I'm trying to learn neural networks by watching this series of videos and implementing a simple neural network in Python.

Here's one of the things I'm wondering about: I'm training the neural network on sample data, and I've got 1,000 samples. The training consists of gradually changing the weights and biases to make the cost function result in a smaller cost.

My question: Should I be changing the weights/biases on every single sample before moving on to the next sample, or should I first calculate the desired changes for the entire lot of 1,000 samples, and only then start applying them to the network?

  • $\begingroup$ I think you should do a little more research yourself, this is one of the most beginner question. The better question would have been what would be the difference in the 2 methods in terms of Learning? $\endgroup$ – DuttaA May 25 at 5:51
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    $\begingroup$ @DuttaA This is a perfectly reasonable question to ask. We were all beginners once (and still are in almost everything). $\endgroup$ – DrMcCleod May 25 at 7:01
  • $\begingroup$ @DrMcCleod nope.IMO This information is literally lying around, only a simple Google search is needed...it is tough to visualize differentiation or how things are working as a beginner, but a question which asks whether we do this or we do that and the information is just a Google search away reflects lack of research which is not SE guidelines. $\endgroup$ – DuttaA May 25 at 7:23
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    $\begingroup$ Possible duplicate of Is back propagation applied for each data point or for a batch of data points? $\endgroup$ – nbro May 25 at 13:05
  • $\begingroup$ The question you've asked is answered in the same video series you've linked. $\endgroup$ – Nyos May 25 at 15:17

Should I be changing the weights/biases on every single sample before moving on to the next sample,

You can do this, it is called stochastic gradient descent (SGD) and typically you will shuffle the dataset before working through it each time.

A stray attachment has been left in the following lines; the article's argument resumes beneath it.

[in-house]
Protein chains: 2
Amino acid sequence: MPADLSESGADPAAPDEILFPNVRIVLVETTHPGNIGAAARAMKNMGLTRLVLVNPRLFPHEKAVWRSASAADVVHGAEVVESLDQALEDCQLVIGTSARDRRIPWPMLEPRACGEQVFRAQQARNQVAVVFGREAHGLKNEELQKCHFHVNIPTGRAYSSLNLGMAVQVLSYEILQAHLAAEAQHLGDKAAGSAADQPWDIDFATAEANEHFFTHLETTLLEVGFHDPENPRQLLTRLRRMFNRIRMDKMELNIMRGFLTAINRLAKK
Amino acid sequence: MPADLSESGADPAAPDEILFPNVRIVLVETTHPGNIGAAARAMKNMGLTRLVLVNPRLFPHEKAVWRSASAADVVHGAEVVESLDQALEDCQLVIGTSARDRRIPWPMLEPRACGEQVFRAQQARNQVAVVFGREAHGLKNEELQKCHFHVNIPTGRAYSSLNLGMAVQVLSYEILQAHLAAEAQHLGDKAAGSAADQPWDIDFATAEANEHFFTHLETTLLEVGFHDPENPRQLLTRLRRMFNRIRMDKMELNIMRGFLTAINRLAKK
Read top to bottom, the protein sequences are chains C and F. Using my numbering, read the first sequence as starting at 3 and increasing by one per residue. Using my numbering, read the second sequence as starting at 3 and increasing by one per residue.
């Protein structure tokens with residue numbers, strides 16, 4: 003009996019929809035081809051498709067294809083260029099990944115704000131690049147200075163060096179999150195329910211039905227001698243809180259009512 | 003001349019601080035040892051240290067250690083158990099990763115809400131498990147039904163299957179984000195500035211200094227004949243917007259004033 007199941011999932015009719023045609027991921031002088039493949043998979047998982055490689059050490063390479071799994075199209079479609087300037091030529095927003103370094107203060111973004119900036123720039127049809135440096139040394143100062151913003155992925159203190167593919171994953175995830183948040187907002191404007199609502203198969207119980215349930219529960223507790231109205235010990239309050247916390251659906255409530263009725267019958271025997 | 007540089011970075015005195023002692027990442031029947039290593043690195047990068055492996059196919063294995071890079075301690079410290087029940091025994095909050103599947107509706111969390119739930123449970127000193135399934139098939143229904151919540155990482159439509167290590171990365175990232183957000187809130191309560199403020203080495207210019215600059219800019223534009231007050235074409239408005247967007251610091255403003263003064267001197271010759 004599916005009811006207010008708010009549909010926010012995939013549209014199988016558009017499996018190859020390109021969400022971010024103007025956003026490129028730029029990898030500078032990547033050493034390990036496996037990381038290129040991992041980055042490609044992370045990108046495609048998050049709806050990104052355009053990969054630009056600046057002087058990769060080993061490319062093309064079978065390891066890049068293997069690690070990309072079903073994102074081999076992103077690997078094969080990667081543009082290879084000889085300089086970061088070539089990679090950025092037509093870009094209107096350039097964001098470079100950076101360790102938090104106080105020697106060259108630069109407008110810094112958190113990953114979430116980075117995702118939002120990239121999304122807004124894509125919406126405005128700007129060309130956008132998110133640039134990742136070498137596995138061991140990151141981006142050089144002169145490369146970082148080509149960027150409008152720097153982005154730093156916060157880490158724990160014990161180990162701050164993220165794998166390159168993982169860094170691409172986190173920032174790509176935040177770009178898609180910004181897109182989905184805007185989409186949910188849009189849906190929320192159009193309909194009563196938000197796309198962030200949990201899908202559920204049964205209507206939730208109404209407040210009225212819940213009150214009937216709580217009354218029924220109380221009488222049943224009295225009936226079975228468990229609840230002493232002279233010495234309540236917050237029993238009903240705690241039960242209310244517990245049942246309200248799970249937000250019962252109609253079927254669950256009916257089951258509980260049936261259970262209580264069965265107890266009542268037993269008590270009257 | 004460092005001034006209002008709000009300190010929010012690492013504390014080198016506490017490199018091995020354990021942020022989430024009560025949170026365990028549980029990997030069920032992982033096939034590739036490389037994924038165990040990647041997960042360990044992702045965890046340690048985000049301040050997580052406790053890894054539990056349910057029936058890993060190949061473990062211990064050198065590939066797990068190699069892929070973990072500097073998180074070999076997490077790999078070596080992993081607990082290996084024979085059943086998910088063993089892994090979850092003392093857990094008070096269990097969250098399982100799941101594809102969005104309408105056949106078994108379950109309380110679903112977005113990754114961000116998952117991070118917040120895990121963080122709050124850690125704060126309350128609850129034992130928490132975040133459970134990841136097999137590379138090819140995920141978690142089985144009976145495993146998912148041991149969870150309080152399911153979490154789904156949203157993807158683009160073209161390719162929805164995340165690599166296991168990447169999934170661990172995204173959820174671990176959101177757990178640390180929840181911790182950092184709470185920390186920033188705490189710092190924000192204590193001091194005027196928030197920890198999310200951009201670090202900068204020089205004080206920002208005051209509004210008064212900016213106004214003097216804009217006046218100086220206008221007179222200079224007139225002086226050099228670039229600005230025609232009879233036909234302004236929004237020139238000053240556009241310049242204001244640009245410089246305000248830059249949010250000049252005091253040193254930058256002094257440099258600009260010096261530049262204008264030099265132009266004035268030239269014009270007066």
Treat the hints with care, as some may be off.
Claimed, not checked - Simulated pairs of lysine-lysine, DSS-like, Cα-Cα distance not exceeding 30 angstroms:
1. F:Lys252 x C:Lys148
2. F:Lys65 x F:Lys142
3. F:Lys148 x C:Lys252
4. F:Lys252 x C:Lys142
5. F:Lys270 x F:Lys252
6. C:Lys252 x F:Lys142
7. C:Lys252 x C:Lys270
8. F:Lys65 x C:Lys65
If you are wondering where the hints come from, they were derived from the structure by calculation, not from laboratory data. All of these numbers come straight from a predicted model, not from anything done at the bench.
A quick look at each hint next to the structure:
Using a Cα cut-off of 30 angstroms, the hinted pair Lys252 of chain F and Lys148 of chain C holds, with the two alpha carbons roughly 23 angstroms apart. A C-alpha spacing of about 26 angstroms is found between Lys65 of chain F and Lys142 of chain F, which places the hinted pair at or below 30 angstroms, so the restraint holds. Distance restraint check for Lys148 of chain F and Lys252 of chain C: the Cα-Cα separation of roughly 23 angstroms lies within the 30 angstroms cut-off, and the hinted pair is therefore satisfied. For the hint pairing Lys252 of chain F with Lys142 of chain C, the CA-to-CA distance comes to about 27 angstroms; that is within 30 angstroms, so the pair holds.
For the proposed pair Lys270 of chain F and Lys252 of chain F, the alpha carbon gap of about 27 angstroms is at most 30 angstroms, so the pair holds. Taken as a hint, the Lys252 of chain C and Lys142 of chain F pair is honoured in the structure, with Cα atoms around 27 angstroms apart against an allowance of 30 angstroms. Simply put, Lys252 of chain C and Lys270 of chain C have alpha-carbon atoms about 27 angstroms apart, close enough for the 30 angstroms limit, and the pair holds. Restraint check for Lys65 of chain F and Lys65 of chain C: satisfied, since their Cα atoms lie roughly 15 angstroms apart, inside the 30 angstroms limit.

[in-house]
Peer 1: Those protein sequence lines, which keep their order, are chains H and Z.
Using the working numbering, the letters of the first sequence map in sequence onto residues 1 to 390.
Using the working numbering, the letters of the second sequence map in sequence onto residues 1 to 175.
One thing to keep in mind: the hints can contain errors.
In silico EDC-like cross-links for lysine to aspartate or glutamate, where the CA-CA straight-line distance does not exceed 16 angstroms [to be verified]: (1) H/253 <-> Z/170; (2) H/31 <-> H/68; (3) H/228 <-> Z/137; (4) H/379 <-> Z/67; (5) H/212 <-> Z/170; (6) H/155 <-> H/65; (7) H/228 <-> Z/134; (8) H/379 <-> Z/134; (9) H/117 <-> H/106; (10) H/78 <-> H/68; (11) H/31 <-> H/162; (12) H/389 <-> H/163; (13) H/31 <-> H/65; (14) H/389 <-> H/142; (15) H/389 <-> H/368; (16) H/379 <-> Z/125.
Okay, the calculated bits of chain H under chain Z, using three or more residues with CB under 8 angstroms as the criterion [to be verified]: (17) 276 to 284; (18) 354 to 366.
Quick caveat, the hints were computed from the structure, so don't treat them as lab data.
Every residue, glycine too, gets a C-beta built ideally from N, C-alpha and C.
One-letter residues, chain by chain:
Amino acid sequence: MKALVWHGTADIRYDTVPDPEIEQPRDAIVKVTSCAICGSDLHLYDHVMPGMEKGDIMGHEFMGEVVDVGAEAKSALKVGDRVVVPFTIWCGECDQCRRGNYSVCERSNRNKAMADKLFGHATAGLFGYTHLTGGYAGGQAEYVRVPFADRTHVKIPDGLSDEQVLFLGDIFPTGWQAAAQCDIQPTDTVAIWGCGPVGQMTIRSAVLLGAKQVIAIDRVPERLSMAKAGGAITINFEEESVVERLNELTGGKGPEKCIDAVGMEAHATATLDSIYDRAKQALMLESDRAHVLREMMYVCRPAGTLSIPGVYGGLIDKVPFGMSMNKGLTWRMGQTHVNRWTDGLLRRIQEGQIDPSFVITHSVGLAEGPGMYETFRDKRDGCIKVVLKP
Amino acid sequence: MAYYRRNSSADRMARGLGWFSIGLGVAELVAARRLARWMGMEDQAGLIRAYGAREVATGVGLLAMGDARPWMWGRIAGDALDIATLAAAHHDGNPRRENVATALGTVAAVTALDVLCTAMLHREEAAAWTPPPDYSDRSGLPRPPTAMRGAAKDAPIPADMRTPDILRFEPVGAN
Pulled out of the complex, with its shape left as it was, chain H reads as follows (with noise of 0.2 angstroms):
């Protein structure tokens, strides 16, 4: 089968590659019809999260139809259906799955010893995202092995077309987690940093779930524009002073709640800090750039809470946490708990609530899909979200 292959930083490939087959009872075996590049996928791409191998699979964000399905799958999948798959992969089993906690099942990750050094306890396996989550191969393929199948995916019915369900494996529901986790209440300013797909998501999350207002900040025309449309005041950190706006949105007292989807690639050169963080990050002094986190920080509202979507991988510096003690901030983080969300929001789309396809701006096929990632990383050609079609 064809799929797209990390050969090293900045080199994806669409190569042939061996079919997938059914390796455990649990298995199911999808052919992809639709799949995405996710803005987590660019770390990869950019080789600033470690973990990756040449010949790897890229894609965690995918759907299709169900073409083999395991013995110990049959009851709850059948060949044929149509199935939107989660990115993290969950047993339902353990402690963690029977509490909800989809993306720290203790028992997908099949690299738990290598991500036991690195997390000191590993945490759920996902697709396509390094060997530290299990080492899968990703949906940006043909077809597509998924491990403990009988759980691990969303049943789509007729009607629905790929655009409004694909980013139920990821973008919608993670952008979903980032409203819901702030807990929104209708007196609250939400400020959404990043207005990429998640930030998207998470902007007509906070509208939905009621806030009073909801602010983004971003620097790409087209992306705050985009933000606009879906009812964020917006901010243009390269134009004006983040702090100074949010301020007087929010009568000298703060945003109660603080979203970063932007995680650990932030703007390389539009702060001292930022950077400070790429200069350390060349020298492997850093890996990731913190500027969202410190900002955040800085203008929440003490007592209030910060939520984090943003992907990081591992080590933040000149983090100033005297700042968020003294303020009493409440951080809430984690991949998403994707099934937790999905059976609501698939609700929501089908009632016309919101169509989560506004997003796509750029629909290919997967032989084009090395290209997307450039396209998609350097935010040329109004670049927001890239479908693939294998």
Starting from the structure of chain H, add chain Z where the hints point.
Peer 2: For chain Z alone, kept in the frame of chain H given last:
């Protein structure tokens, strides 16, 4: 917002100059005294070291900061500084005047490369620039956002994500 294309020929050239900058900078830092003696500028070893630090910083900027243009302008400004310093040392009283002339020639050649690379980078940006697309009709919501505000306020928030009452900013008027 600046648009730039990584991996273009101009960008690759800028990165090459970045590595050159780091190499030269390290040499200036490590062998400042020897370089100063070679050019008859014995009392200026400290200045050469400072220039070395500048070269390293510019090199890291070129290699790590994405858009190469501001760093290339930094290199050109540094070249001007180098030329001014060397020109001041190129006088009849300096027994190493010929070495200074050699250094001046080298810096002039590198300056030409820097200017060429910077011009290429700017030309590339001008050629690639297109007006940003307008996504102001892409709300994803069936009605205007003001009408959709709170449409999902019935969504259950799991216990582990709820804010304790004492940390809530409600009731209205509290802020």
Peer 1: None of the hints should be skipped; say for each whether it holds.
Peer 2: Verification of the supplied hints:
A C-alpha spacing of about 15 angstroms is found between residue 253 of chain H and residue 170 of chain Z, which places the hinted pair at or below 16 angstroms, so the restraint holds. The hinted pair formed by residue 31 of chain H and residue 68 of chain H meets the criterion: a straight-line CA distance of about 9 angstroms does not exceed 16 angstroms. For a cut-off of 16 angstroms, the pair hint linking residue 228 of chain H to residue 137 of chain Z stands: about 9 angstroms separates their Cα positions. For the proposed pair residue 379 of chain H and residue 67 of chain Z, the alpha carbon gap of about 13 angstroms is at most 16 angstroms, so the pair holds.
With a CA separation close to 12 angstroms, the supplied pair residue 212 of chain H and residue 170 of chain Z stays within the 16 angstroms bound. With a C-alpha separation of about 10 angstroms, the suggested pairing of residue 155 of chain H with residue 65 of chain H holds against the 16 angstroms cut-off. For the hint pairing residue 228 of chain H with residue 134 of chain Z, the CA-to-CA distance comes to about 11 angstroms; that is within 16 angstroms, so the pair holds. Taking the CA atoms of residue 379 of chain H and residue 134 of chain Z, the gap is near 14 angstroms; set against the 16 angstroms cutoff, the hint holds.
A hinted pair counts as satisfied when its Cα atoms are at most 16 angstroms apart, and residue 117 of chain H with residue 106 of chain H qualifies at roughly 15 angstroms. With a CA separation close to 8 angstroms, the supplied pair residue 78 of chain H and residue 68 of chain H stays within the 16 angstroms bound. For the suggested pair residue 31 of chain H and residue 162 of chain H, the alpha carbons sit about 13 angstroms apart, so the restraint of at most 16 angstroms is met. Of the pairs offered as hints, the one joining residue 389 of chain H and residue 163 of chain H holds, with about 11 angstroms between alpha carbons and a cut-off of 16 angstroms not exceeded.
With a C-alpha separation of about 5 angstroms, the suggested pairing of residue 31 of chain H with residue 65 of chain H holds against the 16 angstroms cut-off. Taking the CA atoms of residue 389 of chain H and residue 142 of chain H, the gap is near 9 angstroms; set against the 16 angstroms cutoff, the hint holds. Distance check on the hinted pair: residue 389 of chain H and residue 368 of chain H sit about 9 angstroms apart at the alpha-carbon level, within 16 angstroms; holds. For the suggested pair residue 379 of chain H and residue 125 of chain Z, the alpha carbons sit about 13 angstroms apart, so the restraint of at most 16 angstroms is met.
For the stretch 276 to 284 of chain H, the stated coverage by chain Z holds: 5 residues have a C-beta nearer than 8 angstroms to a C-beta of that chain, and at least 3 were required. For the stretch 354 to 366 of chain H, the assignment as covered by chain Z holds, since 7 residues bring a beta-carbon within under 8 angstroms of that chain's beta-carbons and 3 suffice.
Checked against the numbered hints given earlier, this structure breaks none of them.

or should I first calculate the desired changes for the entire lot of 1,000 samples, and only then start applying them to the network?

You can do this, it is called batch gradient descent, or in some cases (especially in older resources) just assumed as the normal approach and called gradient descent.

Each approach offers advantages and disadvantages. In general:

  • SGD makes each update sooner in terms of amount of data that has been processed. So you may need less epochs before converging on reasonable values.

  • SGD does more processing per sample (because it updates more frequently), so is also slower in the sense that it will take longer to process each sample.

  • SGD can take less advantage of parallelisation, as the update steps mean you have to run each data item serially (as the weights have changed and error/gradient results are calculated for a specific set of weights).

  • SGD individual steps make typically only very rough guesses at the correct gradients to change weights in. This is both a disadvantage (performance of the NN against the objective on the training set can decrease as well as increase) and an advantage (there is less likelihood of getting stuck in a local stationary point due the "jitter" these random differences cause).

What happens in practice is that most software allows you to compromise between batch processing and single-sample processing, to try and get the best performance and update characteristics. This is called mini-batch processing, which involves:

  • Shuffling the dataset at the start of each epoch.

  • Working through the shuffled data, N items per time where N might vary from maybe 10 to 1000, depending on the problem and any constraints on the hardware. A common decision is to process the largest batch size that the GPU acceleration allows to run in parallel.

  • Calculate the update required for each small batch, then apply it.